To qualify for the standard IRS mileage rate, self-employed individuals or business owners must own or lease the vehicle(s) that they use for work. The criteria for ownership and leasing are a little different.

If You Own the Vehicle

If you have your own vehicle, then you must follow these requirements:

  • During your business’s first year of operation, you must use the standard IRS mileage rate. You can switch back and forth between the mileage rate method and the “actual expenses” method for all following years.
  • There can be no claimed depreciation deductions on the car, except by the straight-line method. The mileage rate already accounts for depreciation.
  • There can be no claim of a section 179 deduction (the vehicle’s special depreciation allowance).

Related: Top 5 Must-Know Tips For Independent Contractors

If You Lease Your Vehicle

Here are the regulations you must follow if you leased your vehicle:

  • You must use the standard mileage rate for deductions during your first year of operation.
  • For all subsequent years, you should use the standard mileage rate method during the entire period the vehicle is being leased, including renewals.
  • Simultaneously using five or more vehicles for the business (i.e., fleet operations) is not allowed. It is allowed if you switch between each vehicle.
self employed individual driving car

What Kinds of Vehicles Qualify for Mileage Deduction?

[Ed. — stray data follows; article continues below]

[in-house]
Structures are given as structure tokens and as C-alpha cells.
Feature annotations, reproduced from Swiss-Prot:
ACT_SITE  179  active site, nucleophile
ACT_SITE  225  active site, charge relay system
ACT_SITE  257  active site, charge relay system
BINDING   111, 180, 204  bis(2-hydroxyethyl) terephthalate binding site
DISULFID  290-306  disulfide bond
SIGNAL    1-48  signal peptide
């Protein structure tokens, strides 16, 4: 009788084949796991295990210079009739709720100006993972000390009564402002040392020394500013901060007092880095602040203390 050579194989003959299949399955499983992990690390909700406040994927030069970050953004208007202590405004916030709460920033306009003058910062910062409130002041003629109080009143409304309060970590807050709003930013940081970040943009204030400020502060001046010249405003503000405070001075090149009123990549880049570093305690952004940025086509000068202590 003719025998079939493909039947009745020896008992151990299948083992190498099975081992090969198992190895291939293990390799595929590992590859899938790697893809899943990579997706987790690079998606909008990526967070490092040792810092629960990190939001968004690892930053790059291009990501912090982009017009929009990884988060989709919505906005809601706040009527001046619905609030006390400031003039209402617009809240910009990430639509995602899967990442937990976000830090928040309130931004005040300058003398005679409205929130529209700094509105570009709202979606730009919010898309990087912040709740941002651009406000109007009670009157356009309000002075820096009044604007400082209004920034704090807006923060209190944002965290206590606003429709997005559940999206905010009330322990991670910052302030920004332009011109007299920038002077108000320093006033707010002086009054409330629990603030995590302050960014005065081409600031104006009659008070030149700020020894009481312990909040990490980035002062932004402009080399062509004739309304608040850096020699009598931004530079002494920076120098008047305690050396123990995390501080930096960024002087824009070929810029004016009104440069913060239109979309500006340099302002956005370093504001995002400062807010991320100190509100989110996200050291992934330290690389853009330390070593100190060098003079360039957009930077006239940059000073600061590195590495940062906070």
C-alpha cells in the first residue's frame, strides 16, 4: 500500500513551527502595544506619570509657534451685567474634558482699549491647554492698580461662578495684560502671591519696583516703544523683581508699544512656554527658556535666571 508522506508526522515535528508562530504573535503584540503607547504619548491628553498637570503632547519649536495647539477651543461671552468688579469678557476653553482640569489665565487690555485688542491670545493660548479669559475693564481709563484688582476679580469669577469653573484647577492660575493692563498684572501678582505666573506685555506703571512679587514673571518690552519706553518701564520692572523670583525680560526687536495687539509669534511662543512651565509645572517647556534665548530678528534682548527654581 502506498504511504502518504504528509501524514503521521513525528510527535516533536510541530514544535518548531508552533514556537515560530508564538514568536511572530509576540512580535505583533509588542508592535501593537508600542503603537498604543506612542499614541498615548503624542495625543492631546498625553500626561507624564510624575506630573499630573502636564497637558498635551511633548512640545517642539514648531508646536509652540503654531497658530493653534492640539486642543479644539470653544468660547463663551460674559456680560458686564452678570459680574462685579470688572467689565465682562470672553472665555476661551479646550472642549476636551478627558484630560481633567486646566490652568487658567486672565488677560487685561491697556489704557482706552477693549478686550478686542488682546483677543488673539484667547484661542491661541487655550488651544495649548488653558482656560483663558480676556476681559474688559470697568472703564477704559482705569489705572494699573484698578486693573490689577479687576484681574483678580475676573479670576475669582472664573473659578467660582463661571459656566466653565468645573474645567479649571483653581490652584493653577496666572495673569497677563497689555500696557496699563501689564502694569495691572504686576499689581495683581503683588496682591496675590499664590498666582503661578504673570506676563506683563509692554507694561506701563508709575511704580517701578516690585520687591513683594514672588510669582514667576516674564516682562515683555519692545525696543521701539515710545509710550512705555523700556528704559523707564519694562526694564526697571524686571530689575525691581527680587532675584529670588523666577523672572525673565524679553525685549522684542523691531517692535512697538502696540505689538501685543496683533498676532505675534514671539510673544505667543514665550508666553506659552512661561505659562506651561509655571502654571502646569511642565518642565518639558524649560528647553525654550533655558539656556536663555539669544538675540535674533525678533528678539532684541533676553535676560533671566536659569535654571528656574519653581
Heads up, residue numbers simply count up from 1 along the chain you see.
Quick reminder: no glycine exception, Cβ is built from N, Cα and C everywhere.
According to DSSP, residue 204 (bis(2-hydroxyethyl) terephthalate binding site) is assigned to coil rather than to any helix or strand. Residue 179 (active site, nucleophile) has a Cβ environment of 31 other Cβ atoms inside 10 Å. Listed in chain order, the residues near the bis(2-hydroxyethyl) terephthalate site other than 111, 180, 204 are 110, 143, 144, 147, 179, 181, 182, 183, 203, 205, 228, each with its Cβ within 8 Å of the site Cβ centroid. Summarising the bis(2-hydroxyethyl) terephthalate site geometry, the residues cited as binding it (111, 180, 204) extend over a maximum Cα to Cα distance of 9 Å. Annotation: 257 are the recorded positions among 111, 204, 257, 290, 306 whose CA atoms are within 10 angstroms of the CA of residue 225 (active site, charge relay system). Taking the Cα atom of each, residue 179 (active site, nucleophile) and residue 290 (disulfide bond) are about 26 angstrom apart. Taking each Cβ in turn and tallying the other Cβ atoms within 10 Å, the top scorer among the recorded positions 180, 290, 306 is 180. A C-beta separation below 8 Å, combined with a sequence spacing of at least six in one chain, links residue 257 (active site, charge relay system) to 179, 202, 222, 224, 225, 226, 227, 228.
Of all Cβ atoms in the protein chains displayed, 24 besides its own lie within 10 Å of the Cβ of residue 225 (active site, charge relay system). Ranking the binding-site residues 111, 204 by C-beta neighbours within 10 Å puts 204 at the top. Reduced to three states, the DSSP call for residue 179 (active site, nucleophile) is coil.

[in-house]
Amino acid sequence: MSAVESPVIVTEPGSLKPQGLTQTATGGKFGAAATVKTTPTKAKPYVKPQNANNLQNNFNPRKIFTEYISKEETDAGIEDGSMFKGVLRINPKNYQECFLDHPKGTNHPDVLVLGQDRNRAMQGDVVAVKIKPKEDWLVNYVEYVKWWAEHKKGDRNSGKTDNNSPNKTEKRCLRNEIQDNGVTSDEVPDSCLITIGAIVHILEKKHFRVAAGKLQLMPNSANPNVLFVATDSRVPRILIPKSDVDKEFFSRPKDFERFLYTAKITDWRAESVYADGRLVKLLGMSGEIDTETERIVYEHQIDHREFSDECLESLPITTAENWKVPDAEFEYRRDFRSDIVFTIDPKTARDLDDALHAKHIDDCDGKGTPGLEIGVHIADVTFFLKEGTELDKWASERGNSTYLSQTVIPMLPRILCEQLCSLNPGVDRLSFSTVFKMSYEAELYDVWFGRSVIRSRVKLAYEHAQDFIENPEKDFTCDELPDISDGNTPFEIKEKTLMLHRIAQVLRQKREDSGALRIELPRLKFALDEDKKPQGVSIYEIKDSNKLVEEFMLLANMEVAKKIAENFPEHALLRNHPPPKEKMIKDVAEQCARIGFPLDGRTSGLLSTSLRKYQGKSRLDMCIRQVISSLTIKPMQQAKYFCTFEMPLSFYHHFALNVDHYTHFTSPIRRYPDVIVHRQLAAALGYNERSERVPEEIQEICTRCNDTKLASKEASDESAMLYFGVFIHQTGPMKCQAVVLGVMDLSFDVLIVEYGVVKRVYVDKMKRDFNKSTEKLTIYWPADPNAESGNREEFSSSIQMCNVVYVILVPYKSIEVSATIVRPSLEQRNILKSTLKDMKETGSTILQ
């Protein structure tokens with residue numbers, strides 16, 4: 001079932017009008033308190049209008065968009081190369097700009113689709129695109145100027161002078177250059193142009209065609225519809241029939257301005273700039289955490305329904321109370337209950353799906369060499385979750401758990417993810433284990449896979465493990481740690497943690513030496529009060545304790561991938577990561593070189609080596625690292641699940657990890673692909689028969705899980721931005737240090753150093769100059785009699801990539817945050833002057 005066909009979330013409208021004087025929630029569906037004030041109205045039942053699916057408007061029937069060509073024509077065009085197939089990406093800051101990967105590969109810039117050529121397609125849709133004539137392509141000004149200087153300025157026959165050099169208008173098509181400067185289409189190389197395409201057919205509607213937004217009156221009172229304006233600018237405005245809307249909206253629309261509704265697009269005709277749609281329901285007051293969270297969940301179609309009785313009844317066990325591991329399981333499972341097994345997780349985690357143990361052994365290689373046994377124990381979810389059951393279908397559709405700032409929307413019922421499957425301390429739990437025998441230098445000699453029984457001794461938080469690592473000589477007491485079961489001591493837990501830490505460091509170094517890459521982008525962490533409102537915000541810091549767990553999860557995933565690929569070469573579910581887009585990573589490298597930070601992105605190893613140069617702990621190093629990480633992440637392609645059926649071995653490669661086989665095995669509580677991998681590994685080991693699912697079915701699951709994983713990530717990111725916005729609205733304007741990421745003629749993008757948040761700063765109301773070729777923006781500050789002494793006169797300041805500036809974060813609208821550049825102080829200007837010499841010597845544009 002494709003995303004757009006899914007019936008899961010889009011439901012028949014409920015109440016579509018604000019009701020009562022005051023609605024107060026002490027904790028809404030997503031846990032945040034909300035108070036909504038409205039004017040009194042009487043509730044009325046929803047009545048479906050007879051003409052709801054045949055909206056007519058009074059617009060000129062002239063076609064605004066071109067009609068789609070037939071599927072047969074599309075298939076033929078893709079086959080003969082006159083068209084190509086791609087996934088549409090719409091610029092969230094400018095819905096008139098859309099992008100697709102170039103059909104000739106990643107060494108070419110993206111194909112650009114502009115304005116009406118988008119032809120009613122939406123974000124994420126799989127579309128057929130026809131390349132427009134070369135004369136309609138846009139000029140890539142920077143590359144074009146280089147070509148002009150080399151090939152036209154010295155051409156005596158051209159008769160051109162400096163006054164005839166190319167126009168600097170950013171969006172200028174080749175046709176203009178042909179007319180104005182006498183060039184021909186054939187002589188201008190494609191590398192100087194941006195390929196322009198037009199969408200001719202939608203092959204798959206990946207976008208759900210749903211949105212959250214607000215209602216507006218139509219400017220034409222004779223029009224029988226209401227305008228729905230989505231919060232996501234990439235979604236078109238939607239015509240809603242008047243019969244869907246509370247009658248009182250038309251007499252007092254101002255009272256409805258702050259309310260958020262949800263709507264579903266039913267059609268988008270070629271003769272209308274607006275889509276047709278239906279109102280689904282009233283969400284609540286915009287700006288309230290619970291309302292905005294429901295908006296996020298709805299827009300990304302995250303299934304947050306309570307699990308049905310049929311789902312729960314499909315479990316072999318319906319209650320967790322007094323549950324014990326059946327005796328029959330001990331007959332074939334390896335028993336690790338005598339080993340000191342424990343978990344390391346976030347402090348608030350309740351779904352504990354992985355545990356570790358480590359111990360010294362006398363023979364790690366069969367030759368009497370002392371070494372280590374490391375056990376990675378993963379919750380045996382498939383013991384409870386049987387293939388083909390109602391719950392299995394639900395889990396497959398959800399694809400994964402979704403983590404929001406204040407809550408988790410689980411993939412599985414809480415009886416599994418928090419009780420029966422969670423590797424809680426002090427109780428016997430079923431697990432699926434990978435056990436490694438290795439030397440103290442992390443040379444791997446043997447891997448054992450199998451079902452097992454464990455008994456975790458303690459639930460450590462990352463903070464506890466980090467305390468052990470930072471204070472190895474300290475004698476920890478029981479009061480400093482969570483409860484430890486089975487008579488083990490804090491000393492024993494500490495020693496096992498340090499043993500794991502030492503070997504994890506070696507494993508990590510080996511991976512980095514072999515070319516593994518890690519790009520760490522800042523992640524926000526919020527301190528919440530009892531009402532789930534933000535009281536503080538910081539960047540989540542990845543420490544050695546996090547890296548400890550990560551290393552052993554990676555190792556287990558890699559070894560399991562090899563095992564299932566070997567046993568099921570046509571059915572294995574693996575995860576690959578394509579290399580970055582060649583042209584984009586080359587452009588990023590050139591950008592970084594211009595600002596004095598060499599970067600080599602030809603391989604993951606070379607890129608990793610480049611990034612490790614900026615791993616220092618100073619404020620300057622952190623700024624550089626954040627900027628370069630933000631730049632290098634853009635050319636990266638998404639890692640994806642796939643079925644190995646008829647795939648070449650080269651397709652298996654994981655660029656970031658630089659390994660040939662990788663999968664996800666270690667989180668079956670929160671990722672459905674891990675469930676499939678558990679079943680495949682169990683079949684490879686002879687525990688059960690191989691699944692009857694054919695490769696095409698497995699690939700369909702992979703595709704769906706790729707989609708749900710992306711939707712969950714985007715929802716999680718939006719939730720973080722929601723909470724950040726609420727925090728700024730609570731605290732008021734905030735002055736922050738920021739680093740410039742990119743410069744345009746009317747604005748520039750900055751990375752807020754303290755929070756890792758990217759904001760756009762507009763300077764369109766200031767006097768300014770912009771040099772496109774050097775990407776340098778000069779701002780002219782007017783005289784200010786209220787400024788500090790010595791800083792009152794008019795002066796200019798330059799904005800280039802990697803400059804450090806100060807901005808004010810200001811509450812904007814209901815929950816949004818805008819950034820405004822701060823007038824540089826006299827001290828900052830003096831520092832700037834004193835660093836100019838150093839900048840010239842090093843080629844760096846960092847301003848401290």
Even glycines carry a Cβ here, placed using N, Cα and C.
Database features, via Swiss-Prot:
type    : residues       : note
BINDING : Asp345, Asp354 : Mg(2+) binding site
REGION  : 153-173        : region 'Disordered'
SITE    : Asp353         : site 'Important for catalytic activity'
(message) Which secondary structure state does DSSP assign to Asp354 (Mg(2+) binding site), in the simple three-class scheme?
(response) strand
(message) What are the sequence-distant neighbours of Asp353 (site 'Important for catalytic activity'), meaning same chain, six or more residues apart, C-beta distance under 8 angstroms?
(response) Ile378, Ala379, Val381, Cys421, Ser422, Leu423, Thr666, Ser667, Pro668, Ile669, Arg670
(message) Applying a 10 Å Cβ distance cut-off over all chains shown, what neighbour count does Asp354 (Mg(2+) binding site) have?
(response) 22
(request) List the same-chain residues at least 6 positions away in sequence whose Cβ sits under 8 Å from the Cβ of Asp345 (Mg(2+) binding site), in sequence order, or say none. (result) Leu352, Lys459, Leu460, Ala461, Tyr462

Cars, vans, pickups, panel trucks, etc., are vehicles that qualify for the self-employed mileage deduction.

Self-Employed Mileage Guide: How to Keep Track of Your Mileage

The IRS has some specific record-keeping requirements for mileage tax deductions. For all business-related mileage expenses, the IRS requires self-employed individuals and business owners to log the following:

  • mileage for each business use
  • total mileage for the year
  • time, place (your destination), and purpose

You’ll need to record your records at or near the time of the incurred expense. The IRS accepts methods like trip diaries, logs, Excel sheets, etc.

Related: Company Mileage Reimbursement Explained

If you are using a vehicle for both personal and business, your records should show the ratio as a percentage. This will include a log of all trips and a calculation of all the times you conducted business.

In the past, drivers have used outdated and time-consuming pen-and-paper mileage tracking methods. Today, mileage tracker apps make things significantly easier.

To make tracking your mileage for tax deductions easy, TripLog’s mileage tracker app provides a robust and sleek way for self-employed individuals and business owners to keep accurate and detailed records.